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How Public Sector HR and Finance Can Work Better Together

June 25, 2024

By Alex Smith and Jacquelyn Flickinger, Oracle

As former leaders in the public sector, we have both long been aware that Human Resources (HR) and Finance are intricately linked. Yet all too often, there are unnecessary barriers between them, created more out of a legacy of silos in states and local governments than out of any rational reasoning.

In the daily operations of government, one can easily see how personnel decisions can directly impact an organization’s financial well-being. Whether it involves labor negotiations, changes in healthcare plans, or personnel mobility, public sector leaders must weigh recruiting and retention needs against fiscal responsibility. While Finance and HR may have different viewpoints, a shared vision, effective communication, and integrated systems can position them to serve their organizations at the highest level.

With a strong HR/Finance alliance and aligned objectives, HR and Finance leaders can concentrate on and monitor mutual data, understand the impacts of changes, new policies, or initiatives on the other party, and in turn, they can collaborate on decision-making and provide joint recommendations.

A February 7 article in Public Sector Executive highlighted the challenges that public sector organizations are facing, including social unrest, climate change, budget constraints, and digital disruption. While fixes for any of these societal challenges are elusive, one thing is clear: The solutions to each of them require both money and people. That means that public sector chief financial officers and chief human resource officers must develop strong relationships and become strategic partners for any solutions to be uncovered and implemented. Collaborating strategically, Finance and HR can significantly benefit their agencies by improving cost-effectiveness, operations, and decision-making processes.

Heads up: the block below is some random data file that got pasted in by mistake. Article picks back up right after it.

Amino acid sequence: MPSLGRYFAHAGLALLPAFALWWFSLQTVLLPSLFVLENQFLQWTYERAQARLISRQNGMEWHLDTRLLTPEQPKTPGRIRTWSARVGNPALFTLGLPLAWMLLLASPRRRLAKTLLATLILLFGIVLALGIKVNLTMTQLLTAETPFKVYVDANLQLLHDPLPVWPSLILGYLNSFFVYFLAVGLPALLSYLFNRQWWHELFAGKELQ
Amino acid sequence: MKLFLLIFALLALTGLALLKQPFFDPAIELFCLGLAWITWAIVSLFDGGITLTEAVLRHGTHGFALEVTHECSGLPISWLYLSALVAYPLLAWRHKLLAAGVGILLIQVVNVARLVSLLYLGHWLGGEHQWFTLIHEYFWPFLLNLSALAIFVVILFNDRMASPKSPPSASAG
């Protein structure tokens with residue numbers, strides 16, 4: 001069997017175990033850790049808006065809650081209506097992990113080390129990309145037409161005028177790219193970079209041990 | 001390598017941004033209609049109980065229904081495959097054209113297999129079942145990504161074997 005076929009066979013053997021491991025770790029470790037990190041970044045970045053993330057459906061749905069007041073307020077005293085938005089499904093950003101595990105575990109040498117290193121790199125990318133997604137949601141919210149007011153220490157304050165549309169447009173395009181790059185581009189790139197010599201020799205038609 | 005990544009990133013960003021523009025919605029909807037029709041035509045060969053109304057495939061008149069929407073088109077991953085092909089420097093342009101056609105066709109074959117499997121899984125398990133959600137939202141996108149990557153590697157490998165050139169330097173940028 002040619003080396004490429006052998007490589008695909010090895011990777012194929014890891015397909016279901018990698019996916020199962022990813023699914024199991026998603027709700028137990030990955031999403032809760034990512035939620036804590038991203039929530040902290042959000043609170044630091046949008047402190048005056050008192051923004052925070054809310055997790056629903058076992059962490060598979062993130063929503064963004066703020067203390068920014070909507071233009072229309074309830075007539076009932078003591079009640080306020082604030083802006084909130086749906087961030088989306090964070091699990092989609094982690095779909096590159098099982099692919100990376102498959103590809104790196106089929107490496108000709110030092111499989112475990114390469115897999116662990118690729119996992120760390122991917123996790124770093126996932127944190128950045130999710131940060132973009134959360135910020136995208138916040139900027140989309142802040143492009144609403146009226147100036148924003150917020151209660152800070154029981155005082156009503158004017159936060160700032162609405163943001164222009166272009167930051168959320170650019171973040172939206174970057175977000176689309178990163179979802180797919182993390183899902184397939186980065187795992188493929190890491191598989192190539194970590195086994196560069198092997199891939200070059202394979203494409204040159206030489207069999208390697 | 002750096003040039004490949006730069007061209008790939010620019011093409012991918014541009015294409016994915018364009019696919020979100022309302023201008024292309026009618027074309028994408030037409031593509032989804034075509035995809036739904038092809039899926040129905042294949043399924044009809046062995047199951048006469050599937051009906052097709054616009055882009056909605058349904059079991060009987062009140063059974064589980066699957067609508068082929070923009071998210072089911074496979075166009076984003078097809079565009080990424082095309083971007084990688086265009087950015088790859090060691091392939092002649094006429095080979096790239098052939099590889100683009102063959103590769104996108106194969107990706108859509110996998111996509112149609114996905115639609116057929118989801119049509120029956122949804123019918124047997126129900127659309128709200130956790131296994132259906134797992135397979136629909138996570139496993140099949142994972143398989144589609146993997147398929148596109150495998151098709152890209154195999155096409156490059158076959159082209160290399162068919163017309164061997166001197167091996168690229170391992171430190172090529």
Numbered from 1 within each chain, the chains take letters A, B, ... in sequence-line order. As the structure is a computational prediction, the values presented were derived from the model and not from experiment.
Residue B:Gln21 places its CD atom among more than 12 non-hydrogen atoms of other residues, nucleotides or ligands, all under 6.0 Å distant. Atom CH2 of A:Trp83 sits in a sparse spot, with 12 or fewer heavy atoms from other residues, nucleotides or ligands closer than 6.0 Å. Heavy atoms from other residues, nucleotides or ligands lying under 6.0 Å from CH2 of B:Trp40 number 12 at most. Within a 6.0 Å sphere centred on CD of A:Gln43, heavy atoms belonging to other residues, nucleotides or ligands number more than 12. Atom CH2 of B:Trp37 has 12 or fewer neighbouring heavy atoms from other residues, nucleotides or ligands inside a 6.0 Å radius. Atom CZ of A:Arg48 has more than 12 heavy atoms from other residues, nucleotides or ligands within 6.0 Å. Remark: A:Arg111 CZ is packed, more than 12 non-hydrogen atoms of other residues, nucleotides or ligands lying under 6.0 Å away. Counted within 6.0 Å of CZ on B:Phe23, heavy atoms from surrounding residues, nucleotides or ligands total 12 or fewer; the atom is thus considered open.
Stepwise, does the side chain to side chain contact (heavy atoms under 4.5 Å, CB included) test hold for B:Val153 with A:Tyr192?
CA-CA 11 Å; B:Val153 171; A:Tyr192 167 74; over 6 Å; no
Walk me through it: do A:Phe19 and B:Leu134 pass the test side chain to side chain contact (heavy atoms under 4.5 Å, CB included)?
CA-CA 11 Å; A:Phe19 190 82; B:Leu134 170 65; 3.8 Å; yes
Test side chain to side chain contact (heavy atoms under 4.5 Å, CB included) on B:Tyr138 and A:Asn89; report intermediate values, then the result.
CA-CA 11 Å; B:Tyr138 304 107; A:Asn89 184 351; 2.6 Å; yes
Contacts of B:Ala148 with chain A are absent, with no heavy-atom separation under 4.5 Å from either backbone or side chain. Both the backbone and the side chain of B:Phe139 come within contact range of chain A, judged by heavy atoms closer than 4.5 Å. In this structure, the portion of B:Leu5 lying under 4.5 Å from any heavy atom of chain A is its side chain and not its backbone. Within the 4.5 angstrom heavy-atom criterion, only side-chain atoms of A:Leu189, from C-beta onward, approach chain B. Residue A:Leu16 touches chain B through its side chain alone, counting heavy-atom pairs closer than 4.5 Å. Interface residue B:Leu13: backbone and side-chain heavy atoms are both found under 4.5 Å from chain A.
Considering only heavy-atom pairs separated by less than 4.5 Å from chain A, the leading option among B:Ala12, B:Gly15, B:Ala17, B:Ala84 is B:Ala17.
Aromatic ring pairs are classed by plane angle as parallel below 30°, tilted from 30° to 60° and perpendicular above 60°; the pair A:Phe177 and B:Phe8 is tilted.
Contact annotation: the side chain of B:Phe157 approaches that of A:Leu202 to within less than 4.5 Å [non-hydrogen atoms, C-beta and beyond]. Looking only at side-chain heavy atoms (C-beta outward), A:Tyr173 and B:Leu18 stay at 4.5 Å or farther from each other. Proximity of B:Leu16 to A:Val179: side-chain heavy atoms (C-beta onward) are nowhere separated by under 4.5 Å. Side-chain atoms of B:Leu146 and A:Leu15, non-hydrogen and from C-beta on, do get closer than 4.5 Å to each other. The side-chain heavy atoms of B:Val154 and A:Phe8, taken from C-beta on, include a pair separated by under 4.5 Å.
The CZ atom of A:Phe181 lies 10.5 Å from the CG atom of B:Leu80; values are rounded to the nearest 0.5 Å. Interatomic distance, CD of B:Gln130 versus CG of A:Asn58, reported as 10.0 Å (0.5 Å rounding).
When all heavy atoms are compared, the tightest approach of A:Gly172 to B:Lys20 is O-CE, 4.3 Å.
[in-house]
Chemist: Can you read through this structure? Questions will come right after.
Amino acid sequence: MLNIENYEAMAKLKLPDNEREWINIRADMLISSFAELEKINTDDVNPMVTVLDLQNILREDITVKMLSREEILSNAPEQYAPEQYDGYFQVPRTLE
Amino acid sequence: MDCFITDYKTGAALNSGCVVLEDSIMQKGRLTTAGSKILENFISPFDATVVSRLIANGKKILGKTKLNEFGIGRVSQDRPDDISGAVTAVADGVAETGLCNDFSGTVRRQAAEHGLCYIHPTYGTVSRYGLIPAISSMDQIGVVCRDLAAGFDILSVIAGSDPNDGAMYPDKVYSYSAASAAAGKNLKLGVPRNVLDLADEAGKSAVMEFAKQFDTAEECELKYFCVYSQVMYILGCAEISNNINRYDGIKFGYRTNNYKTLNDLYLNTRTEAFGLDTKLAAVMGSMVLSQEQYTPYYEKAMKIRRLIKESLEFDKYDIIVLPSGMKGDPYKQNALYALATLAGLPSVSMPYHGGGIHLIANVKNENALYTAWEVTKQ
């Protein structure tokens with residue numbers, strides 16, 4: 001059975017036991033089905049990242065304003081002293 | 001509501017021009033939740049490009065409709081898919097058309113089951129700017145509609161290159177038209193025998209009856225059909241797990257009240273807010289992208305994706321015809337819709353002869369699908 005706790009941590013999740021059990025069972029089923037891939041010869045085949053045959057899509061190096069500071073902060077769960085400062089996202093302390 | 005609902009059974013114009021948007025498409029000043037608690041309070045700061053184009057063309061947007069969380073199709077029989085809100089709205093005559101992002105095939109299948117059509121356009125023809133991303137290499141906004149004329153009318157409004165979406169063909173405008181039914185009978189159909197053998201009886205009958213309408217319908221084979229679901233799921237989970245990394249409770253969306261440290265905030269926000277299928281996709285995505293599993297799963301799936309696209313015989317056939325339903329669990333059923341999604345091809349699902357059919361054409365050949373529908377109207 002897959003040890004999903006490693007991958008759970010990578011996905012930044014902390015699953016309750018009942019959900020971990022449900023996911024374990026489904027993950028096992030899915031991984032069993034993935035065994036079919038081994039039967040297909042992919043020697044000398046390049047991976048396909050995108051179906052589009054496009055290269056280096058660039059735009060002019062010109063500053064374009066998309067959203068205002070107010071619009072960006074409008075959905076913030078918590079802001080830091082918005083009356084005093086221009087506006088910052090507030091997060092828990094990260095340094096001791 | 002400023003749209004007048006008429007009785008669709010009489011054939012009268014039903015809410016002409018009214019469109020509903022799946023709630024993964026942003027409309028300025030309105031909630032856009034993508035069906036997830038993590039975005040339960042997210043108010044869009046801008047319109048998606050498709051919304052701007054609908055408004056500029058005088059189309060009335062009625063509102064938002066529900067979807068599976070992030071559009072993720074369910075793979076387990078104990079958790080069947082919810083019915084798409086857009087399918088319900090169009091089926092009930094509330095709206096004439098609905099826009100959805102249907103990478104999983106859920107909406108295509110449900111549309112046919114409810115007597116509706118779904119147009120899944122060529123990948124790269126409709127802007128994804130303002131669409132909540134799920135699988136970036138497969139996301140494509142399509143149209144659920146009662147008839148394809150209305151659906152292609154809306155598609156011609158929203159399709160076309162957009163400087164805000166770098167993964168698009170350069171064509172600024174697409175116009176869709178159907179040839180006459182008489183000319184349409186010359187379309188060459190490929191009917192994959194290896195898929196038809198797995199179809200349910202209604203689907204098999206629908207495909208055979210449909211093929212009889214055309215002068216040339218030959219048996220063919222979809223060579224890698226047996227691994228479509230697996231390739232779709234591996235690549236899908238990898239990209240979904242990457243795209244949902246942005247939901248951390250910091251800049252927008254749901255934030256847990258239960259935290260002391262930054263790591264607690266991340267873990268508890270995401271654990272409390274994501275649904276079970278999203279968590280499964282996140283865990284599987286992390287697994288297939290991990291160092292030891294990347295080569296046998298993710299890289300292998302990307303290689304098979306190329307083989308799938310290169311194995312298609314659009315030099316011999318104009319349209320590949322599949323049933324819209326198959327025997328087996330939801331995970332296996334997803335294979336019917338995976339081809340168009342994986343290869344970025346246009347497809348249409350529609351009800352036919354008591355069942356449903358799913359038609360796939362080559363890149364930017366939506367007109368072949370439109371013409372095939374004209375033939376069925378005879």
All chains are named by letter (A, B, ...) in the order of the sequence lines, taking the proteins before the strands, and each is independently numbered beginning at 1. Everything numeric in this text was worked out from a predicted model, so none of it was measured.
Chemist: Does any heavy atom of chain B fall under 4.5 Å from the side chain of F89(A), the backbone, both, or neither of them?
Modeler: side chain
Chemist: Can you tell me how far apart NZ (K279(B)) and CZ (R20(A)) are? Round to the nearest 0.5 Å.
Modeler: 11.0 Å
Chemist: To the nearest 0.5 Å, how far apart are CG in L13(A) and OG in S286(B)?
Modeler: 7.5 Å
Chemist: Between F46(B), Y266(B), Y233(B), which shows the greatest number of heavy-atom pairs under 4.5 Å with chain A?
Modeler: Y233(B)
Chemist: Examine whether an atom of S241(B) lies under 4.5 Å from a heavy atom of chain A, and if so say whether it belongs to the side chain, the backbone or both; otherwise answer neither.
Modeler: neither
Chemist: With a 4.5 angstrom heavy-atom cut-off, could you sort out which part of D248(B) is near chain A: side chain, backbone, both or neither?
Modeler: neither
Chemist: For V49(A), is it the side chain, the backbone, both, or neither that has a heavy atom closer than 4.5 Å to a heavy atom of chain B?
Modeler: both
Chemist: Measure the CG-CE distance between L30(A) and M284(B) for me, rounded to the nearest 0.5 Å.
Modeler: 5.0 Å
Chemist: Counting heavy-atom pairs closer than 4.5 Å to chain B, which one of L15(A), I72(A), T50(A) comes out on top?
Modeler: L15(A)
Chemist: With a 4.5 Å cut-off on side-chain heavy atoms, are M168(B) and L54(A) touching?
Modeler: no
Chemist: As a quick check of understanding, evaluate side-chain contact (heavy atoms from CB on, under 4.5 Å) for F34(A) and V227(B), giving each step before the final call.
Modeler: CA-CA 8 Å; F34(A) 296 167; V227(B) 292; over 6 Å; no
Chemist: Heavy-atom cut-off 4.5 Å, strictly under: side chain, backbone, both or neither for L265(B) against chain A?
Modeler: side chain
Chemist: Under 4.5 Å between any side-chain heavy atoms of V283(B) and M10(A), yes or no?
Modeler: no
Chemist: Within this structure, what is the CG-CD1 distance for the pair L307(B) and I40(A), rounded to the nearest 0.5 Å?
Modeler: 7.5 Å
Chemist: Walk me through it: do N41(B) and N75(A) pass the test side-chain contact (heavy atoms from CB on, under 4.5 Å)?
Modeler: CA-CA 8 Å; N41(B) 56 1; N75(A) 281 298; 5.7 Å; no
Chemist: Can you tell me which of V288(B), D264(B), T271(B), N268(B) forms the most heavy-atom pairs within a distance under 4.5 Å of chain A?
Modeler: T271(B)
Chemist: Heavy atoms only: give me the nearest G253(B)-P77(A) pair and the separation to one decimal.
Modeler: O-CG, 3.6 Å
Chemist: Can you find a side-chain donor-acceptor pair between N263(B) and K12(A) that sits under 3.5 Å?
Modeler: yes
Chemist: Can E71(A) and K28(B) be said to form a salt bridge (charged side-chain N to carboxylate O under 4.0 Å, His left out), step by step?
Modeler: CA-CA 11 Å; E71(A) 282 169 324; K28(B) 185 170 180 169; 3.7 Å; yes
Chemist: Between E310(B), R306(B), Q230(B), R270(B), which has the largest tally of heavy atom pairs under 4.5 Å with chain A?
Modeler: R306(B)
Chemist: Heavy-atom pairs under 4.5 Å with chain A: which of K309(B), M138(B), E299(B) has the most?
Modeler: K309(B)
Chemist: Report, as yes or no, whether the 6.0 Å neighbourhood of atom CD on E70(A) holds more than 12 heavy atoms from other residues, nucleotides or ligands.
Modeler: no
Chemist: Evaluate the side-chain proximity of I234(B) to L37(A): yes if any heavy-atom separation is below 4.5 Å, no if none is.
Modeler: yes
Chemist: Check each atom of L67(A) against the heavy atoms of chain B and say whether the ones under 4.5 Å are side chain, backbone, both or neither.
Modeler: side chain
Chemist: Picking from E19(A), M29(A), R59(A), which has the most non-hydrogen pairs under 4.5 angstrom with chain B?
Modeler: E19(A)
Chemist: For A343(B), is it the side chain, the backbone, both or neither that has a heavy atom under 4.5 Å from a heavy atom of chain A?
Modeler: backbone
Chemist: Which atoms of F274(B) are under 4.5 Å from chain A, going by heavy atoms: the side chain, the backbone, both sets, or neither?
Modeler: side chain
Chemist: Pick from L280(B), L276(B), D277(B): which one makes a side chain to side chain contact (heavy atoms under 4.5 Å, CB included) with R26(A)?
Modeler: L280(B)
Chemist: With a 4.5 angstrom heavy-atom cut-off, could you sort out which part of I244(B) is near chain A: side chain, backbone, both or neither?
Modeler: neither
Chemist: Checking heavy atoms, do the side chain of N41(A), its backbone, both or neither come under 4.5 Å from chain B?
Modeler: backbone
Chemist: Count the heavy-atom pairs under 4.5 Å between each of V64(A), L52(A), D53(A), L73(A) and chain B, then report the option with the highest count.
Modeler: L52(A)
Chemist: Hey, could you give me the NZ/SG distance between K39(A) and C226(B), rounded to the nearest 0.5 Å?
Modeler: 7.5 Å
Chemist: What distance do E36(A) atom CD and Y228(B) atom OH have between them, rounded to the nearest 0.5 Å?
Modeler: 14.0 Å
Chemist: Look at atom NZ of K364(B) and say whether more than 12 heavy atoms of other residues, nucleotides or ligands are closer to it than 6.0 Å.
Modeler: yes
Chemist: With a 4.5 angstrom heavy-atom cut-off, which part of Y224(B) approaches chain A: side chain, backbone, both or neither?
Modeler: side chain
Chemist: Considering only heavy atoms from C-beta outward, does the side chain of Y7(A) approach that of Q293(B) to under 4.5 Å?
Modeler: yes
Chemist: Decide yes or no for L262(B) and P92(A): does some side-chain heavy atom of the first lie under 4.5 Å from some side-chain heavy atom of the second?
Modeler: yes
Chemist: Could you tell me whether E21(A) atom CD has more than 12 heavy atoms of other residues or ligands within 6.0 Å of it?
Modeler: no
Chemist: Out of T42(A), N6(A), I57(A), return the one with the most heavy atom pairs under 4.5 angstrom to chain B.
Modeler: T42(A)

As the article states, “As a public sector CFO, you need to break down the silos that exist within your organization and across different levels of government, establishing common goals and metrics that align with your organization’s mission.”

When HR and Finance systems are not fully integrated, government employees can end up spending a significant amount of time on low-value, transactional tasks within their separate departments, causing either duplicate entries or time-consuming reconciliations.

One solution is to streamline their processes by opting for a single vendor, instead of dealing with two products, two implementation teams, and two software providers. By collaboratively selecting one Enterprise Resource Planning system, they can access a unified suite of products, a seamless user experience.

Touchpoints between HR and Finance exist in more places than you might imagine. In a simple example, when an employee is promoted and moves departments, the impact of that change requires a change in the supervisory hierarchy and determining who is responsible for reviewing and approving their transactions. There is also a joint impact on how salaries, benefits, and expenditures are coded to the general ledger and what user access is appropriate for their new role and responsibilities. By having a joint effort, it not only simplifies the many connections and eliminates integrations but also accelerates project completion by months compared to separate installations.